As Robyn testifies, dancing by yourself is the worst. It’s a miracle to find that lockstep tango partner who matches your breath, trustworthy beyond thought to twirl and catch with relative synchrony and grace. Telepathically, it would be ideal to team up with yourself, knowing that you are the only one you can trust. Homer Simpson speaks the truth: “Everyone is stupid except me.” Maddeningly, one of you isn’t enough to cut up the dancefloor.
Induction grants you this otherwise impossible team-up, with isometric puzzles requiring you to waltz with the best of the best: your time-looped past selves. Visually similar to Edge, you control a rotating cube navigating Monument Valley-sized Escher drawings. Zipping from A to B is the goal—easily requested but difficult to deliver without soon learning to rewind time and sashay with yourself to cross bridges, flip switches, and manipulate various other puzzle fare.
Developer Bryan Gale describes Induction’s approach to time-shifting that sets it apart from similar games: “When I introduce the mechanic that lets you take direct control of a past self, and lets you solve chicken-and-egg style puzzles—like you’ll need to reach a switch to open a bridge, but you’ll need to open the bridge to reach the switch—that’s when people who’ve played similar games go, ‘Oh.’” The subtle “oh” of a brain shutting down for a moment, awash in in the paradox of swing-dancing as both the chicken and the egg at the same time.
It’s a game of orchestrated dance rather than time-travel, as Gale doesn’t really cotton to that term: “For me [“time-travel”] sounds corny and conjures images of bad ‘70s sci-fi, so I definitely didn’t want to use that in game.” In fact, Induction doesn’t use much in the way of language, instead opting to present the use of its interweaving timelines visually. “I want the game to feel like it’s taking place is some kind of platonic realm. If I had the game talk to you in familiar, everyday language, I’d lose that. And that’s behind a lot of my UI decisions; I’m using intentionally unfamiliar symbols, and rejecting a lot of the easy options for communicating with the player.”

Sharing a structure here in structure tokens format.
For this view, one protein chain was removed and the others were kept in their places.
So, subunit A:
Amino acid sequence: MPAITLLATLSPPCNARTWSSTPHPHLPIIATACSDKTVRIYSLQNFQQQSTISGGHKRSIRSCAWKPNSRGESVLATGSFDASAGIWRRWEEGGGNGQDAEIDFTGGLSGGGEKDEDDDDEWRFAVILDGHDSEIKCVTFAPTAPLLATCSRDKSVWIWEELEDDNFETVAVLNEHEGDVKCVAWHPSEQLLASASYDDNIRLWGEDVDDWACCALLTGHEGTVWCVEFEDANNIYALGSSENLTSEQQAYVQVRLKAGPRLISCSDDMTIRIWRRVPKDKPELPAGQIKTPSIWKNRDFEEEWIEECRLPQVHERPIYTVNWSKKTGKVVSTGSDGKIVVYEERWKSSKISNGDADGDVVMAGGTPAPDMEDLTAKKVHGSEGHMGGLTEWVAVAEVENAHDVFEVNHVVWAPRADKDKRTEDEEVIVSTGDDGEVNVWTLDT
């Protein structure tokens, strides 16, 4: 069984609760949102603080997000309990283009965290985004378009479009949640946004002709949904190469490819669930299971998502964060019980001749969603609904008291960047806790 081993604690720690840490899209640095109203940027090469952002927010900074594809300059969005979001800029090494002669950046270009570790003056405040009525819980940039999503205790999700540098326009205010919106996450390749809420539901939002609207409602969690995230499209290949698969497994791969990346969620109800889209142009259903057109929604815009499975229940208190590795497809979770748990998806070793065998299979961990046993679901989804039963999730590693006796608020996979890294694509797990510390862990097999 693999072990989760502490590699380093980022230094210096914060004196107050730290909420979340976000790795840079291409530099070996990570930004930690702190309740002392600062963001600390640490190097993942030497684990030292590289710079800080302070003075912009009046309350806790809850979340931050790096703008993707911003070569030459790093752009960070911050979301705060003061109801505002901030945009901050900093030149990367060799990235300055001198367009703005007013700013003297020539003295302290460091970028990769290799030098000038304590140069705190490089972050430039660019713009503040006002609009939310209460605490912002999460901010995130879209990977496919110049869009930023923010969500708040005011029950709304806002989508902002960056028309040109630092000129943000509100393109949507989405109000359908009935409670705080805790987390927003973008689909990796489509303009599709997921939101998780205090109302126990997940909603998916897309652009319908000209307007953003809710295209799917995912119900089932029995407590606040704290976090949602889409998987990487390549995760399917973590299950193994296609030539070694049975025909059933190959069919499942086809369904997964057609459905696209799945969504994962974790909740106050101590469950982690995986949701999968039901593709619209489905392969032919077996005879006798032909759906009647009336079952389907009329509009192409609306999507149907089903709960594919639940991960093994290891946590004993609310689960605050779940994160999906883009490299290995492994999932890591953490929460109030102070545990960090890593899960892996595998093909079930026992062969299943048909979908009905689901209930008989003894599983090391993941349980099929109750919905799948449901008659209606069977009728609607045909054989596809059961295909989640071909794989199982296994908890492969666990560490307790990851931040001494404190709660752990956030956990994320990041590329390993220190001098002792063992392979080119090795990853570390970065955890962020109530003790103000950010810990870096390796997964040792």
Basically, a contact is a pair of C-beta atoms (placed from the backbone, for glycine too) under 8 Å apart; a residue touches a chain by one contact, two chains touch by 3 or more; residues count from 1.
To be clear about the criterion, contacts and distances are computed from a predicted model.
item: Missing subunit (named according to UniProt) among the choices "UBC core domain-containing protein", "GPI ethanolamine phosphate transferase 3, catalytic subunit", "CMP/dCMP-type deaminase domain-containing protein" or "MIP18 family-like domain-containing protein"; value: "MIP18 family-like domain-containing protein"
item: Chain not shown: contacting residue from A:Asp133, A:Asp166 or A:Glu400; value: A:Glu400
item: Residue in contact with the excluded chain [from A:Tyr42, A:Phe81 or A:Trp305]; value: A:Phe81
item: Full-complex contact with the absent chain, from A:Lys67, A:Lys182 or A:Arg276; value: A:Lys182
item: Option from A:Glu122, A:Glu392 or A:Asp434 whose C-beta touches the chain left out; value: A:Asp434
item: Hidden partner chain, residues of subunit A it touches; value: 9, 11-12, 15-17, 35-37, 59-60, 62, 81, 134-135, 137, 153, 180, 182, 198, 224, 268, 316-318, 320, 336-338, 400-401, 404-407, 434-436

This approach works, albeit with the expected mental tangles. You need to cross a gap, and to do so you have raise a bridge by hitting a switch on the other side. Or once on that side you can’t get back, but now you have to hit a different switch you left behind to go forward now. What appears to be your second step is actually your first, as you have to mime it out before you leave the relevant area. Then you summon your past self and race to the bridge that you just opened so that you can cross it, hoping that the other you left you enough time to pirouette across.
Thus, Gale’s reluctance to rely on language: these concepts are more easily conveyed visually or through play. When asked about the benefits of framing these time-loops without language in the game, Gale says “I like the reaction I’ve had from players, telling me they understand what’s happening but can’t quite verbalize it. I find it very cool to be communicating with players in that way. And it’s been fun hearing the vocabulary players have come up with trying to explain what’s happening. Like having someone say to me ‘I think I need to push this pipe to give it to my ghost,’ and I’m left going, ‘Wait what? Pipe? Ghost?’”
Working with your dance partner (“ghost,” “old cube,” “green guy,” or how about “chrono-doppelganger”) results in a cascade of consequences and brow-knitting paradoxes. You don’t need to understand the specifics, you just need to make it work. But that doesn’t mean Gale isn’t attempting to remain theoretically provident: “I am borrowing an idea from quantum mechanics—that there are infinitely many different worlds where all possible things occur, and what we see is in some sense the ‘average’ of all these possible worlds. In Induction, I see there being an infinitely many timelines—if in timeline A you jump back in time, you reach timeline B, but that timeline contains a version of yourself that will jump to timeline C, which contains a version of yourself that will jump to timeline D, and so on. To solve a puzzle, you need to create a solution that has you succeeding in all these infinite possible timelines, as that’s how you guarantee that you succeed in the ‘average’ timeline.”
Gale’s own description of this teamwork with one’s self is choreography. You are surveying the landscape, planning for moves to be made ahead while you’re still lacing up your dancing shoes, and discovering the different ways to assist yourself. Gale outlines his ultimate quantum-rhythmic goal: “With the weaving of your different selves, I want finding the solution to feel like you’re jump-starting some kind of intricate perpetual motion machine. Right now when you complete each puzzle you’re just kicked back to the level select, but I want to change that to let the player see that they’ve effectively pushed the first domino that triggers these intertwining actions up through an infinity of timelines.” Tapping through this infinity involves some stumbles, a bit of imagination and the odd accidental epiphany, but the result is a mind-bending foxtrot of timelines.